Not in Concat mode.
Drive extension on HWS is concat (CDD), not RAID (MD). So it gives _NO_ performance bonus.
This funnily enough has been touted as a feature even by someone on the reg reviews a while back - you can take the drive and supposedly stuff it in a windows box for recovery which you supposedly cannot with Linux based NAS.
In any case - my take on this is "You get whatever Xmas you deserve". I will stick with my Debian file server setup thank ya. It is a combination of MAID and RAID to the tune of 5TB and counting.
So I take my ext4-formatted drive and stuff it in a Linux machine for recovery. How is that any harder, especially as I have more Linux machines than Windows ones?
(not aimed at you but the reviewer who said it)
But if your NAS has RAID to protect against a drive failure, which is what you get in WHS (but not by RAID), then you can't just stick the dive in a Linux box and get something off it.
With WHS, every disk has full files, and the format is NTFS. Take any drive adn stick it in almost anything and you can read the files off it!
Why can't you plug the NAS disks into a Linux box if they were RAIDed? 99.9% of the dual (or more) disk NASes that are within the realm of consumer affordability are running Linux, use "md" for the RAID, and usually use an ext2/3/4 filesystem.
OK, if a disk fails, and the user created RAID0, they're screwed... But that's RAID 0, not the NAS or Linux's fault.
just set up a Linux box and use LVM. Then go do something fun with the money you're saving
Beer, because after you've set up LVM you have most certainly deserved one
I am running Amahi Home Server, which is a Fedora-based home server. Works well, comes with a range of additional applications, includes LVM / Greyhole pre-configured, and is free.
> Beer, because after you've set up LVM you have most certainly deserved one
LVM is *trivial* to set up. Even if you're doing it from scratch - which most people won't.
don't upgrade to the latest version then.
Just because they release it doesn't mean you have to use it. You're not a slave you know.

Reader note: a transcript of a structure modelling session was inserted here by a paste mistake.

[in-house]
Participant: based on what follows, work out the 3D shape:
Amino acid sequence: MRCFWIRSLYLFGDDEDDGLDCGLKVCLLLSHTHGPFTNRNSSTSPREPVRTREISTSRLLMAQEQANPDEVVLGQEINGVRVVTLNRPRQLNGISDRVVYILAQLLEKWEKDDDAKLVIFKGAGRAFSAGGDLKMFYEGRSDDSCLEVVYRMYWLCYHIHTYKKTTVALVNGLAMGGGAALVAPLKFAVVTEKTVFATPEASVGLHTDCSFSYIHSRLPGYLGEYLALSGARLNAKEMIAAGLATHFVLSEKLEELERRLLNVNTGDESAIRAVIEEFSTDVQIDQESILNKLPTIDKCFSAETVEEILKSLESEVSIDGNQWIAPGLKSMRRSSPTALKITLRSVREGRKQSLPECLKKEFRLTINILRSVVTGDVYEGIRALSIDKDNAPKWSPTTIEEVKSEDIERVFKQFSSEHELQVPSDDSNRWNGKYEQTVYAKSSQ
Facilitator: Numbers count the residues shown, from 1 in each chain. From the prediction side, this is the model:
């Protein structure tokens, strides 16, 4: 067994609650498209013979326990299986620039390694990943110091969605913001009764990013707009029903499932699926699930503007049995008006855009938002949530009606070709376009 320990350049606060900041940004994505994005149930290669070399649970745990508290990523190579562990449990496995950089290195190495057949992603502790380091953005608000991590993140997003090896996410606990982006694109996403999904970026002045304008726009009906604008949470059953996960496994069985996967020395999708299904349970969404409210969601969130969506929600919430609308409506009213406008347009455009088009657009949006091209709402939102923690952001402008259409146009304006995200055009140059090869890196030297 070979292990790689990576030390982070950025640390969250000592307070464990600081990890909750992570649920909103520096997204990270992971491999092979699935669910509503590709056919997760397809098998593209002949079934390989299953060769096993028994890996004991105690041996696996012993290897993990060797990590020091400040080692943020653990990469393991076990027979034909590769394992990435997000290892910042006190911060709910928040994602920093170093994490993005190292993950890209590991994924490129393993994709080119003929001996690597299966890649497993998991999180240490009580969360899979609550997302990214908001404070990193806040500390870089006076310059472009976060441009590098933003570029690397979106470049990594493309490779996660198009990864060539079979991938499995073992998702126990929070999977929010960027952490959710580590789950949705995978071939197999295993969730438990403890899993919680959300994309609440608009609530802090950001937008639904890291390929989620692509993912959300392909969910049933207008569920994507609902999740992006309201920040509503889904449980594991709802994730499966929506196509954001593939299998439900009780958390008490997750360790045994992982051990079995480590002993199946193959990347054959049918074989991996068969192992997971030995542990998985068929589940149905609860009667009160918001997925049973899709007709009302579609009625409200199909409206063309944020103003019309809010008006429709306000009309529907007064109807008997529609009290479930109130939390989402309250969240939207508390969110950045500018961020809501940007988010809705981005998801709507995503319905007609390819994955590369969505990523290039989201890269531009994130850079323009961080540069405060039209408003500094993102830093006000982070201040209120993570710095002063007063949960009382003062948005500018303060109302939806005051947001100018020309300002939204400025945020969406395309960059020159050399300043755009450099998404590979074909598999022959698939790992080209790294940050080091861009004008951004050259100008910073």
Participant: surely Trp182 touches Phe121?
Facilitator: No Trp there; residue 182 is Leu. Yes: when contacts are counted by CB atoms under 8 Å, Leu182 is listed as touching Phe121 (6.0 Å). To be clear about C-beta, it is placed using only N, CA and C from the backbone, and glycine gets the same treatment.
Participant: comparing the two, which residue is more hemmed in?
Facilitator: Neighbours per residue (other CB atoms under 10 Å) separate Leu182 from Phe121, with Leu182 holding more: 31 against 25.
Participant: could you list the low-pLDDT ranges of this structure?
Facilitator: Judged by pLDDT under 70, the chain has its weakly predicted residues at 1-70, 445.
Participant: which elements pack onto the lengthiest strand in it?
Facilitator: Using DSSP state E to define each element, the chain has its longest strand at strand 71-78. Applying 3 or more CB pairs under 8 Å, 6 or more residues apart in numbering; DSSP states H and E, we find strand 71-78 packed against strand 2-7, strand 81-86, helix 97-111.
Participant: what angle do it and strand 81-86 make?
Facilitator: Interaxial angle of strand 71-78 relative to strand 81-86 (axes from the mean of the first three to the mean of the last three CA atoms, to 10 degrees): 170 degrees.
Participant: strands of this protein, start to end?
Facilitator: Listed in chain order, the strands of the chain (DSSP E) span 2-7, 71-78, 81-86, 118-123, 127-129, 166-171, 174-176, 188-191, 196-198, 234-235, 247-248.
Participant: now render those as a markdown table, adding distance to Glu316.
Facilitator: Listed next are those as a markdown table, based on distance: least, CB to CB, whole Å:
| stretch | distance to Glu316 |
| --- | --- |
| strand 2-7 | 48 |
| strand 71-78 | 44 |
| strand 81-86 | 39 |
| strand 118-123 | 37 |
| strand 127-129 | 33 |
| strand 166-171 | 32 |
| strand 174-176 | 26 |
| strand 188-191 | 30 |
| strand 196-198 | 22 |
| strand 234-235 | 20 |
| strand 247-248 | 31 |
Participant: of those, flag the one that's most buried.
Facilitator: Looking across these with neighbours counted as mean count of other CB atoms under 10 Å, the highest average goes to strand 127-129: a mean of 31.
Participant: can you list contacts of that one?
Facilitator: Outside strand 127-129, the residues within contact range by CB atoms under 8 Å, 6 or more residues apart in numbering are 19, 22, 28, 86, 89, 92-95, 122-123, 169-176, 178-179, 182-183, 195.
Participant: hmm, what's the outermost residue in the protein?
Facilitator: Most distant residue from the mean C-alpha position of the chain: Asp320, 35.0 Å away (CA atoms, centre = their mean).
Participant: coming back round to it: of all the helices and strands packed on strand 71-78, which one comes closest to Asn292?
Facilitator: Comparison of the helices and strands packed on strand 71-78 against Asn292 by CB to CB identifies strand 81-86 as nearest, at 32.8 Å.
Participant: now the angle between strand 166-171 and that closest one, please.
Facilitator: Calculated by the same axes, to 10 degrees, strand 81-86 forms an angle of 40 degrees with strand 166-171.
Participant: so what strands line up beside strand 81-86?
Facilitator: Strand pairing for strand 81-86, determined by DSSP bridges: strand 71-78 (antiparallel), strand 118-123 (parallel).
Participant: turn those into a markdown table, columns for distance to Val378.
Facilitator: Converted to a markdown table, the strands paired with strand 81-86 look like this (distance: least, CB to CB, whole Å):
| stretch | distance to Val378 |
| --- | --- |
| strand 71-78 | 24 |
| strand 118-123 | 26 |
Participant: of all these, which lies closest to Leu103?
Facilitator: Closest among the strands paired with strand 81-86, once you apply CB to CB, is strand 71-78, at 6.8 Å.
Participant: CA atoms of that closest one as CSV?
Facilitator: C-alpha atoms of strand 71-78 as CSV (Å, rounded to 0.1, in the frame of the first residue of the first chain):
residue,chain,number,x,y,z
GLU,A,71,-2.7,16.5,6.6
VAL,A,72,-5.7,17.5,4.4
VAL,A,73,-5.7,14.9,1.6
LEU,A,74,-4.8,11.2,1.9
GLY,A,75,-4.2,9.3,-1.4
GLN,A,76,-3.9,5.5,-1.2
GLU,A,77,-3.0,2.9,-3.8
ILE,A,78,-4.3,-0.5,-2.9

Microsoft have thought of that! The current version of WHS will have some inherent limitation that will make it incompatible with something to come in future.
That's why you have to upgrade Microsoft Office every time they launch a new version. They purposely change all the file formats, so your old copy can't load anything saved out of a new copy, and if you want to read any of your friends' documents then you have to upgrade your version. Or explain to each of your friends how to save in a format which is compatible with yours, and yes it's OK to lose some formatting and so forth.
So why am I running Office 2003 quite happily at home as I refuse to move to that stupid ribbon bar thing until I really, like *really*, have to?
It even still gets updates from Windows Update too.
What a bunch of idiots
Drive Extender is the one compelling reason for using WHS over a "simpler" NAS solution and it works brilliantly: I've just set up a WHS on an old laptop I had and plugged in half a dozen external drives that I've accumulated over the years. The result was over 3 1/2 TB of space in one big lump
Without Drive Extender, WHS is pointless complexity over a NAS, with it it makes complete sense
I got my WHS on the cheap anyhow (staff purchase), but the entire reason I've got one is that if a drive fails, then certain folders are protected.
http://code.google.com/p/greyhole/ will give you roughly the same experience under linux
"What Greyhole isn't¶